Paralympics Ireland launches seven-year medal strategy
‘No easy medals at world level now’, says CEO Miriam Malone
President of Paralympics Ireland, John Fulham: ‘The Paralympic environment is very different to what it was even 10 years ago.’ Photograph: Matt Browne/Sportsfile
Paralympics Ireland has launched a new seven-year strategy that will focus solely and unapologetically on winning global medals with its elite athletes.
Its shift of focus means that the recruitment and development of athletes with disabilities, from entry level up to international standard, will now rest on national governing bodies and multisport organisations like the Irish Wheelchair Association and Blindsport Ireland.
Paralympics Ireland (PI) says the change is necessary because of the soaring standards in Paralympic sport worldwide and outlined its 2019-2025 plan in a document called Success Takes More.
It wants to rank top five in the world, per capita, at the Tokyo 2020 Paralympics – as it did in Rio 2016 – and to improve further to top three by Paris 2024.
“There are no easy medals at world level now,” said Paralympics Ireland (PI) CEO Miriam Malone.
“Success means our athletes have to work even harder than ever and it takes more from us now also, as an organisation, to support them.”
Ireland won 11 medals (four gold) at Rio 2016 which ranked it 28th overall but fifth on the per capita scale.
“The Paralympic environment is very different to what it was even 10 years ago,” stressed PI president John Fulham.
“There’s changes in technology, training and technique and, as the Paralympic movement grows, the money is pouring into it internationally to create more opportunities. If we don’t react to that now it becomes a threat, not an opportunity.”
Paralympics Ireland will concentrate especially on its three existing gold medal sports – athletics, swimming and cycling – and has pledged to self-generate over 40 per cent of its funding by 2021.
But casting aside its previous participation remit will raise some eyebrows.
The organisation says it will continue to work with individual governing bodies (NGBs) to develop their own pathways and, to copper-fasten this, will sign memorandums of agreements with them.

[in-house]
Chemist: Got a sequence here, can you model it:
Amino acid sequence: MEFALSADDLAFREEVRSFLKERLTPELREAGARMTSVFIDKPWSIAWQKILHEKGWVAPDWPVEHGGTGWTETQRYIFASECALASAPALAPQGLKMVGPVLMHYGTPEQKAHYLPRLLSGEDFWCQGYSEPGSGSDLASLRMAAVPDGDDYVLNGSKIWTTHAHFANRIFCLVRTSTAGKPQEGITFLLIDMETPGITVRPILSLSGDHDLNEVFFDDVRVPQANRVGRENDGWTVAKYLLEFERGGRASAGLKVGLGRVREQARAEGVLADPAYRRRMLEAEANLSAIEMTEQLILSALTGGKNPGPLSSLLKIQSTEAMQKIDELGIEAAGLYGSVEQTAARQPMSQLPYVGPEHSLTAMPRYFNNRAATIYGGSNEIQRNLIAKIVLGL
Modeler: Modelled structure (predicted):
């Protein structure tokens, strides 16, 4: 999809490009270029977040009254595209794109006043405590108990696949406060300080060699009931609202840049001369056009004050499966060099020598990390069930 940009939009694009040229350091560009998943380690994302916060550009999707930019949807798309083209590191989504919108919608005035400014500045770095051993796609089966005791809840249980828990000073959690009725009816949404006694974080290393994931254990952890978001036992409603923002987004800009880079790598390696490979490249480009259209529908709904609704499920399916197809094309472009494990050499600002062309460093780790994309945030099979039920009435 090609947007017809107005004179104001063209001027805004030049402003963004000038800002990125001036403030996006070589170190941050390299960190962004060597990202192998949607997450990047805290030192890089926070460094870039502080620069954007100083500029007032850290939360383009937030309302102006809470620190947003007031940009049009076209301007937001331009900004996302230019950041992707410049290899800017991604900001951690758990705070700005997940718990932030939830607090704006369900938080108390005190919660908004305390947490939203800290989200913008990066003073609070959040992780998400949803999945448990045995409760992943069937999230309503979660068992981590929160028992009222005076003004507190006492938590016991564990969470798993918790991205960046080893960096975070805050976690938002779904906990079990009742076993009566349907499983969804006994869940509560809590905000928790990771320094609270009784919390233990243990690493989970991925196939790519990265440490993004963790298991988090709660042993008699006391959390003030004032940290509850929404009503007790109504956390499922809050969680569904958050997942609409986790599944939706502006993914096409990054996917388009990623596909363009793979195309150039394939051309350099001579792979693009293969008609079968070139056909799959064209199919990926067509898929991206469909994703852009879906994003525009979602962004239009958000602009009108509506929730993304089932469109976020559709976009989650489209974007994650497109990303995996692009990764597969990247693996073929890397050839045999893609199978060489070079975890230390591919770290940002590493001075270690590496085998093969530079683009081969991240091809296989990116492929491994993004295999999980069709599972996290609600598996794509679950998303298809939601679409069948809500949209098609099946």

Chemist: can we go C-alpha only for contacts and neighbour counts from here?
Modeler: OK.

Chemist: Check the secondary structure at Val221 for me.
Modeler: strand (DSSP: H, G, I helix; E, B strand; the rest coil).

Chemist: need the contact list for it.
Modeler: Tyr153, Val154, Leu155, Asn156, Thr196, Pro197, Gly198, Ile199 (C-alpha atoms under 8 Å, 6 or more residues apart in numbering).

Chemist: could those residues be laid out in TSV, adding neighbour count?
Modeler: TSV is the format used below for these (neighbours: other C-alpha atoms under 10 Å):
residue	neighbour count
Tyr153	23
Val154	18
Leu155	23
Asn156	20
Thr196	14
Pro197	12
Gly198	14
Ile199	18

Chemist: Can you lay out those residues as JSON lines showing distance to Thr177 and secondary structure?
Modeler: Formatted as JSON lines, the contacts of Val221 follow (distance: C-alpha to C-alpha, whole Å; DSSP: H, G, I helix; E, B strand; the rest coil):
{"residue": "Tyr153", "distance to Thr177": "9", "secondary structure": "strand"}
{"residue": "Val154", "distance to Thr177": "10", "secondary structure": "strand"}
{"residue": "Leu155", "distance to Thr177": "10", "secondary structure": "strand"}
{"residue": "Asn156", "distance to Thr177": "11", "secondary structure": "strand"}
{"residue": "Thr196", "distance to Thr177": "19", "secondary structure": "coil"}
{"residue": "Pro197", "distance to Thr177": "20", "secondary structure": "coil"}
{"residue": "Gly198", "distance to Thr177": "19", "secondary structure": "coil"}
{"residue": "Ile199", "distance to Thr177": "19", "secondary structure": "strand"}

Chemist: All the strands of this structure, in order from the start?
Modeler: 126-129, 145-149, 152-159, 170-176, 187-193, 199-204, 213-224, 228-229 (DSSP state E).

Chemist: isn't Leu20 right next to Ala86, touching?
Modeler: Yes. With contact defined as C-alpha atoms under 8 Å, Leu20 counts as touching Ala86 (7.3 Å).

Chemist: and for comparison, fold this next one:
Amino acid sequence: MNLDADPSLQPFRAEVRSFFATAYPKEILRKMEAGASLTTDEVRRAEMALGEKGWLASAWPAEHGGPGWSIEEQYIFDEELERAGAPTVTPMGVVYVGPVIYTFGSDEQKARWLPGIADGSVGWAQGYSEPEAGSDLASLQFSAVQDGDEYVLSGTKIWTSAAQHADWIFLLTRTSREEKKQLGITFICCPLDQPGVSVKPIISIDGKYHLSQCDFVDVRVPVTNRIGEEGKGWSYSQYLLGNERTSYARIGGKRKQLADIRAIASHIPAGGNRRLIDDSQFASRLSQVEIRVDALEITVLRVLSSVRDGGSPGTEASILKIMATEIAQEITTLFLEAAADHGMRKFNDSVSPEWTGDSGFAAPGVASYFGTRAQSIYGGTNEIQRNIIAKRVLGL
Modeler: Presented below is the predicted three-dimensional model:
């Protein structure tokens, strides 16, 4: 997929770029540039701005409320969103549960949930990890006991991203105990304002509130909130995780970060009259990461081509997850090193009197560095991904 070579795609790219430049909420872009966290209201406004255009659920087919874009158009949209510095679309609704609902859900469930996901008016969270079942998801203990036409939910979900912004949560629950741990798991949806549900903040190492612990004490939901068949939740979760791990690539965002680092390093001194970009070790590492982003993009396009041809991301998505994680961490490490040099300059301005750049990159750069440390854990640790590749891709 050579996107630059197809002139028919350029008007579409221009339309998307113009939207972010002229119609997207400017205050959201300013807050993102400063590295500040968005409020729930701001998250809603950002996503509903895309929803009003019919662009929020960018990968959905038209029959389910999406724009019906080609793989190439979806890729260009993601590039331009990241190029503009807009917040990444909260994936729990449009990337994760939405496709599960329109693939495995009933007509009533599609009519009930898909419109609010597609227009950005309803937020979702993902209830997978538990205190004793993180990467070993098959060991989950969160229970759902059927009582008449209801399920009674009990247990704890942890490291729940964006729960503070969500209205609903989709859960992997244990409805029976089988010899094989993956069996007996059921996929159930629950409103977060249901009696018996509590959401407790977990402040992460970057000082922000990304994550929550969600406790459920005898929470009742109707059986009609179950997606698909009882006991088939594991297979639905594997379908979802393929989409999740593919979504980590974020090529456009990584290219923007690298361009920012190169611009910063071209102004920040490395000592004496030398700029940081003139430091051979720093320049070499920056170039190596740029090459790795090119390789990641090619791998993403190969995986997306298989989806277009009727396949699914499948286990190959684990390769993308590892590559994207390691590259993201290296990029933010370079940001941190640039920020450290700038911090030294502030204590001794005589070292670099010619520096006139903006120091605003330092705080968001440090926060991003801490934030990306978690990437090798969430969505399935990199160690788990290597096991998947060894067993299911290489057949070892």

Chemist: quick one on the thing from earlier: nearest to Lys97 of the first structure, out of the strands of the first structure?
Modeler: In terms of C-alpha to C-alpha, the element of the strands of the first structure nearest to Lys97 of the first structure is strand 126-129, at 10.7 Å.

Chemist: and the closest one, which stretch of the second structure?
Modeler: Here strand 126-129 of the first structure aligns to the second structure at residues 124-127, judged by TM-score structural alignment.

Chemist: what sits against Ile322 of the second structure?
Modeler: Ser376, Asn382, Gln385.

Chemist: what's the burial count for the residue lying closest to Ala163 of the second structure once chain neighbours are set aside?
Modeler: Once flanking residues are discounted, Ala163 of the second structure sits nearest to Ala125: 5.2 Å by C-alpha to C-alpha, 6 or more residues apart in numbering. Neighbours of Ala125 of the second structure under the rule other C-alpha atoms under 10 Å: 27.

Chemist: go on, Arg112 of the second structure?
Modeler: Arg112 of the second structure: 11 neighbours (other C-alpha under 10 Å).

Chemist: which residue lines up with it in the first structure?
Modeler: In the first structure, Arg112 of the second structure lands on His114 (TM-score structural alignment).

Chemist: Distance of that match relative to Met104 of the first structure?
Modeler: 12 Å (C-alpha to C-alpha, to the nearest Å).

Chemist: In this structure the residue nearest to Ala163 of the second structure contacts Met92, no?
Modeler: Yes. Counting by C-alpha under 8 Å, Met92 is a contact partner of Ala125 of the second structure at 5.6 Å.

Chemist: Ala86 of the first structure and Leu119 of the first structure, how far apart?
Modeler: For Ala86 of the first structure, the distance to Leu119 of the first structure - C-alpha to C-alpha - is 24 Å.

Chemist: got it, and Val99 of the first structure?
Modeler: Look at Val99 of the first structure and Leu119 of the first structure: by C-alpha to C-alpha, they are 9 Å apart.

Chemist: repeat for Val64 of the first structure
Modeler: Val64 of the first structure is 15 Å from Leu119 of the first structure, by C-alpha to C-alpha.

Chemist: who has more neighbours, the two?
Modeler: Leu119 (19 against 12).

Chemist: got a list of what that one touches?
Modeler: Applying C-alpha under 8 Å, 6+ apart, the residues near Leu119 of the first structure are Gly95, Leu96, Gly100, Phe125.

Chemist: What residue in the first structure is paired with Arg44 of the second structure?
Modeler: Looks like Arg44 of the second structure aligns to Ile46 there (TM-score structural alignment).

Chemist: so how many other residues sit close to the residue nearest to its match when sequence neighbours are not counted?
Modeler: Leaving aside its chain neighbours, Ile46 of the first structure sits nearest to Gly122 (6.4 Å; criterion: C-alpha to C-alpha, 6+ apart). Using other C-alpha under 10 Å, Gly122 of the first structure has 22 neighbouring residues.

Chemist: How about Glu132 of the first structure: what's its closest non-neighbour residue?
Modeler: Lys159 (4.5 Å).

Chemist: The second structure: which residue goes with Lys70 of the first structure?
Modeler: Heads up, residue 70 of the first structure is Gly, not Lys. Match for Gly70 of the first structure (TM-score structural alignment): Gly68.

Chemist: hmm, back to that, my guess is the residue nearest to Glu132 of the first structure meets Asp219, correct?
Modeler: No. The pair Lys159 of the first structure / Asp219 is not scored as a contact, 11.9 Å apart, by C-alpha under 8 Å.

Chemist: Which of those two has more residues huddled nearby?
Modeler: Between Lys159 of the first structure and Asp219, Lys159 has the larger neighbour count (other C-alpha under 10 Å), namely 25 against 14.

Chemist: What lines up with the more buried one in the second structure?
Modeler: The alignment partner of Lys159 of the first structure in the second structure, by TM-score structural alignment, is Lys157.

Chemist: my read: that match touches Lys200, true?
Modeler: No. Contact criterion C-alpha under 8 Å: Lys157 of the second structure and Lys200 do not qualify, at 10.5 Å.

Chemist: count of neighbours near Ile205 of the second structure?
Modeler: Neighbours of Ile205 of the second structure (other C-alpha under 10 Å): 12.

“This doesn’t mean we won’t be working with the national governing bodies and helping to get the participation and development work done elsewhere,” Fulham said.
“If we don’t do that then 2024 and 2028 would be a very barren landscape in terms of athletes.
“The (sporting) opportunities are still there for people with disabilities. There’s a vast network of NGBs, they are your first port of call on the ground. That pathway is still there, the world is your oyster.
“This is a statement of confidence in the athletes that we already have,” he stressed. “We believe they can do it. They’ve got it right every time so far, and we firmly believe that, if we can adapt, then they will keep doing it.”
Sligo and UCD swimmer Patrick Flanagan, who missed a European Championship S6 freestyle 400m medal by less than two tenths of a second last summer, said: “To see that the governing body’s goals are so completely aligned with mine around elite performance is huge.This could make that tiny difference between finishing fourth and on the podium.”
Patrick O’Leary, Ireland’s first ever Paralympic canoeist in Rio 2016, said the competition and standards in his sport are constantly evolving.
“I got to the Nottingham Regatta every year for an initial test to see where I am and this year GB had five fully-funded athletes in each of my two events.
“The guy who finished fifth was European champion last year, and the guy who finished fourth was third in the Worlds last year. The standard is constantly rising and they’re constantly identifying new athletes and pushing each other on. That’s going on across all nations.”